FTSE 100 Live 11 May: US inflation dips, Covid update boosts Asia markets


Reaction to hotter-than-expected US inflation print

Here’s what City commentators are saying about the higher than expected US inflation number.

Dan Boardman-Weston, CEO at BRI Wealth Management, said: “The current conflict in Ukraine and the covid induced lockdowns in China are putting further upward pressure on the rate of inflation and we’re likely to see high readings over the coming months until growth starts to slow and supply pressures ease.

“The significant increases in the cost of living and the interest rate increases will start to have a detrimental impact on the growth outlook for the American economy, which is likely to bring inflation meaningfully lower over the coming year.

“The Fed has a tricky task ahead of them trying to ensure that inflation expectations don’t become entrenched but they are likely to continue tightening policy into a slowing economy. The ‘softish’ landing they are hoping for may not be so soft.”

Sarah Giarrusso, Investment Strategist at Tilney Smith & Williamson, said: “Even with these signs of peaking inflation further hikes are likely for the remainder of the year given comments from Fed Chair Powell reiterating that the Fed is “highly attentive to inflation risks”.

“The US equity market is still adjusting to a hawkish Fed as growth stocks, which are more sensitive to rising interest rates, continue to underperform their value counterparts. The course for interest rates is likely to continue on an upward trajectory and therefore we remain in favour of value over growth in equity markets.”

Richard Carter, head of fixed interest research at Quilter Cheviot, said: “The drop in US CPI to 8.3% last month may be welcomed by markets with investors beginning to hope that the peak in inflation is behind us.

“However, the numbers were still worse than expected and it is far too early to declare victory with inflation likely to remain high for some time to come while energy prices could also rise further if the Ukraine war escalates. Furthermore, while it is hoped US inflation has peaked, other countries cannot say the same thing and this has become a global problem.”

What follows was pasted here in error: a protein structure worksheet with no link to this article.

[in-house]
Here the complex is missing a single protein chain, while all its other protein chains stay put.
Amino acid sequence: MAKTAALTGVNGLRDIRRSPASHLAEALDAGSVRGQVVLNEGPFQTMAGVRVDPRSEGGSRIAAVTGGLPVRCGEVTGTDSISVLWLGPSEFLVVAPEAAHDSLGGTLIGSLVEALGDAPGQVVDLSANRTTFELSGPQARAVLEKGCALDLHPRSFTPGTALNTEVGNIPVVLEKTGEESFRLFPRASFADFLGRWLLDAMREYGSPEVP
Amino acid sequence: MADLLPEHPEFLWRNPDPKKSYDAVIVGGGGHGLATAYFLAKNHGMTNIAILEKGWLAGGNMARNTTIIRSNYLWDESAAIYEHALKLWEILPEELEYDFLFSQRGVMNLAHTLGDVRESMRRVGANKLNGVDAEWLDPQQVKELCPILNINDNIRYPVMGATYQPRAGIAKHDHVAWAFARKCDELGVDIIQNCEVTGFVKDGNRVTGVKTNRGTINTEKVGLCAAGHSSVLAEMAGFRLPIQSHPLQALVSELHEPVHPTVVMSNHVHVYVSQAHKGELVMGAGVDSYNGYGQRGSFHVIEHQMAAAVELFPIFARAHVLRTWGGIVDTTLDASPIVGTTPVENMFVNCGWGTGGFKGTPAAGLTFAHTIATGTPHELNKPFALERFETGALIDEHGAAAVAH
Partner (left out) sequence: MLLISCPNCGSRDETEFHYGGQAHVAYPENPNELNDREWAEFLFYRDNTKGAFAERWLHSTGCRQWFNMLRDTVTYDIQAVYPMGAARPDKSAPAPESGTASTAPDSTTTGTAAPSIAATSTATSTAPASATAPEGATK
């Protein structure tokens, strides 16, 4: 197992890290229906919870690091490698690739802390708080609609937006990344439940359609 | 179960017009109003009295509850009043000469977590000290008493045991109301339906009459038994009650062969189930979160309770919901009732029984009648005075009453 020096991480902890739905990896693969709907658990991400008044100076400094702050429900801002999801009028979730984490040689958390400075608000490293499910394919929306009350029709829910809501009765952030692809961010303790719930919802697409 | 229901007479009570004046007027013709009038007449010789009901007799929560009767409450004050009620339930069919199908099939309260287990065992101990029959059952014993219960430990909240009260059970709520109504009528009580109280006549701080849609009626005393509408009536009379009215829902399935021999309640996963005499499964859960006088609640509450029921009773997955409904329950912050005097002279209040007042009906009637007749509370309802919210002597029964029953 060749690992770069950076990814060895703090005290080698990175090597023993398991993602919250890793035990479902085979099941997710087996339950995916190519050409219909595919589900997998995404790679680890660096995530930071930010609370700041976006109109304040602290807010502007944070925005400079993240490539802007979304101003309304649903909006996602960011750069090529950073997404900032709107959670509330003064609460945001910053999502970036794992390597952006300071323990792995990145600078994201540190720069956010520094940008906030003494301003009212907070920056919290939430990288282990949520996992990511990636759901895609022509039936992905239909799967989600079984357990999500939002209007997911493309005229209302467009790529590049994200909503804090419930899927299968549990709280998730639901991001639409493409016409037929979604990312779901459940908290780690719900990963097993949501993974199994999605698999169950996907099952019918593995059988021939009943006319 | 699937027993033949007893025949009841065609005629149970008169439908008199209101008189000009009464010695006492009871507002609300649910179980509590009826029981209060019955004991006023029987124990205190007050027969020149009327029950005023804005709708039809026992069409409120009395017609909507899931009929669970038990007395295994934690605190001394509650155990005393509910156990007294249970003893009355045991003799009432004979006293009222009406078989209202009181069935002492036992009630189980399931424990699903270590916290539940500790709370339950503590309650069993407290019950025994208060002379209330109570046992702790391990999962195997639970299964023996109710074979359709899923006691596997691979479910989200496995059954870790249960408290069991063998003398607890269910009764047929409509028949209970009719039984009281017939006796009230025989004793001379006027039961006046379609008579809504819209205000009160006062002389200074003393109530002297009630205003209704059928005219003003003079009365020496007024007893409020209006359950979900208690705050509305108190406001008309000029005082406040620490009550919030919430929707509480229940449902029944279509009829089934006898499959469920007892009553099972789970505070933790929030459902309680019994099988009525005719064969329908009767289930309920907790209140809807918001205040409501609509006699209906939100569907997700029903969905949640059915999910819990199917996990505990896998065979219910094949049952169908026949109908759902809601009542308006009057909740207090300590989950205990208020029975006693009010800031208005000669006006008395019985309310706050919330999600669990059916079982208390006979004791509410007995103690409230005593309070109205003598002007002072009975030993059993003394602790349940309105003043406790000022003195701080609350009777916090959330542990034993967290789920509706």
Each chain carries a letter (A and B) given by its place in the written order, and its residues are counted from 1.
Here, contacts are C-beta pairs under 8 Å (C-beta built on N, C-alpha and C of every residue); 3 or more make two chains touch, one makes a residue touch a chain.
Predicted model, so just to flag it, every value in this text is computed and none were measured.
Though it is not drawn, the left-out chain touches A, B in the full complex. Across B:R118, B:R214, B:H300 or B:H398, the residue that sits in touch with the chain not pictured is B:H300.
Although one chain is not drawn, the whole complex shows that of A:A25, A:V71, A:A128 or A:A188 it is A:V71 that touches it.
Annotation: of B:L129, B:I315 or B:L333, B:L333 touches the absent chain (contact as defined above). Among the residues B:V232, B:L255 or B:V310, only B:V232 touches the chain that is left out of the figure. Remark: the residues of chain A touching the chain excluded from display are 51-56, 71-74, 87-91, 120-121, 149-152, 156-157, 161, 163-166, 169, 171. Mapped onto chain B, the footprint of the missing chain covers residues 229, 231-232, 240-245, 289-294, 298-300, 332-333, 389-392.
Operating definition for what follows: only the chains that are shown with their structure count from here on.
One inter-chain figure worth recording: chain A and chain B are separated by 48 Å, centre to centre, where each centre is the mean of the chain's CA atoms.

US inflation dips in April

Inflation has dipped slighting in the US, though still come in higher than economists had forecasts.

New data shows consumer prices increased at an annual rate of 8.3% in the US in April, down from 8.5% in March. Economists had been expecting a reading of 8.1%.

“Increases in the indexes for shelter, food, airline fares, and new vehicles were the largest contributors to the seasonally adjusted all items increase,” the US Bureau of Labour Statistics said. “The food index rose 0.9 percent over the month as the food at home index rose 1.0 percent.

“The energy index declined in April after rising in recent months. The index for gasoline fell 6.1 percent over the month, offsetting increases in the indexes for natural gas and electricity.”


Decline of Covid deaths dents Dignity

Funeral provider Dignity has posted a sharp decline in both revenues and profits as widespread Covid-19 vaccine uptake leads to a decline in deaths.

Dignity’s underlying operating profits fell 67% to £9 million in the first quarter and revenues dropped 22% to £73.9 million.

The company attributed its troubled performance to the lower number of deaths and lower average revenues per funeral, following a move to more competitive pricing in September 2021. The number of deaths across the UK dropped by 19% to 166,000 in the first three months of the year.

Read more.


Toyota and Tesla grapple with supply chain problems

Inflation and supply chain issues continue to hit carmakers, with Toyota and Tesla both sounding the alarm.

Japan’s Toyota warned today that “soaring material prices” will hit its profits, while Tesla CEO Elon Musk has hinted his company may put the brakes on accepting new orders.

Toyota forecast a 21% drop in profits this year, blaming “unprecedented increases in materials and logistics costs.”

Separately, Musk said at a conference that supply chain problems could prompt Tesla to stop taking new orders.

“We are actually probably going to stop taking orders beyond a certain period of time because some of the timing is a year away,” he said.

Read the full story.


ITV stands by streaming plans despite Netflix woes

ITV has doubled down on plans for its new streaming service despite signs of a slowdown in the market.

CEO Carolyn McCall said ITV was on track to launch its new Netflix competitor, ITVX, later this year and is still “confident that we will deliver at least £750 million of digital revenue by 2026,” McCall said. The new platform will make money from both subscriptions and advertising, using a tiered model similar to Spotify.

Netflix’s recent woes have prompted concerns that the streaming boom could be over, with soaring inflation prompting many viewers to review their subscriptions.

Read the full story.


China optimism lifts markets, Aston Martin 3% higher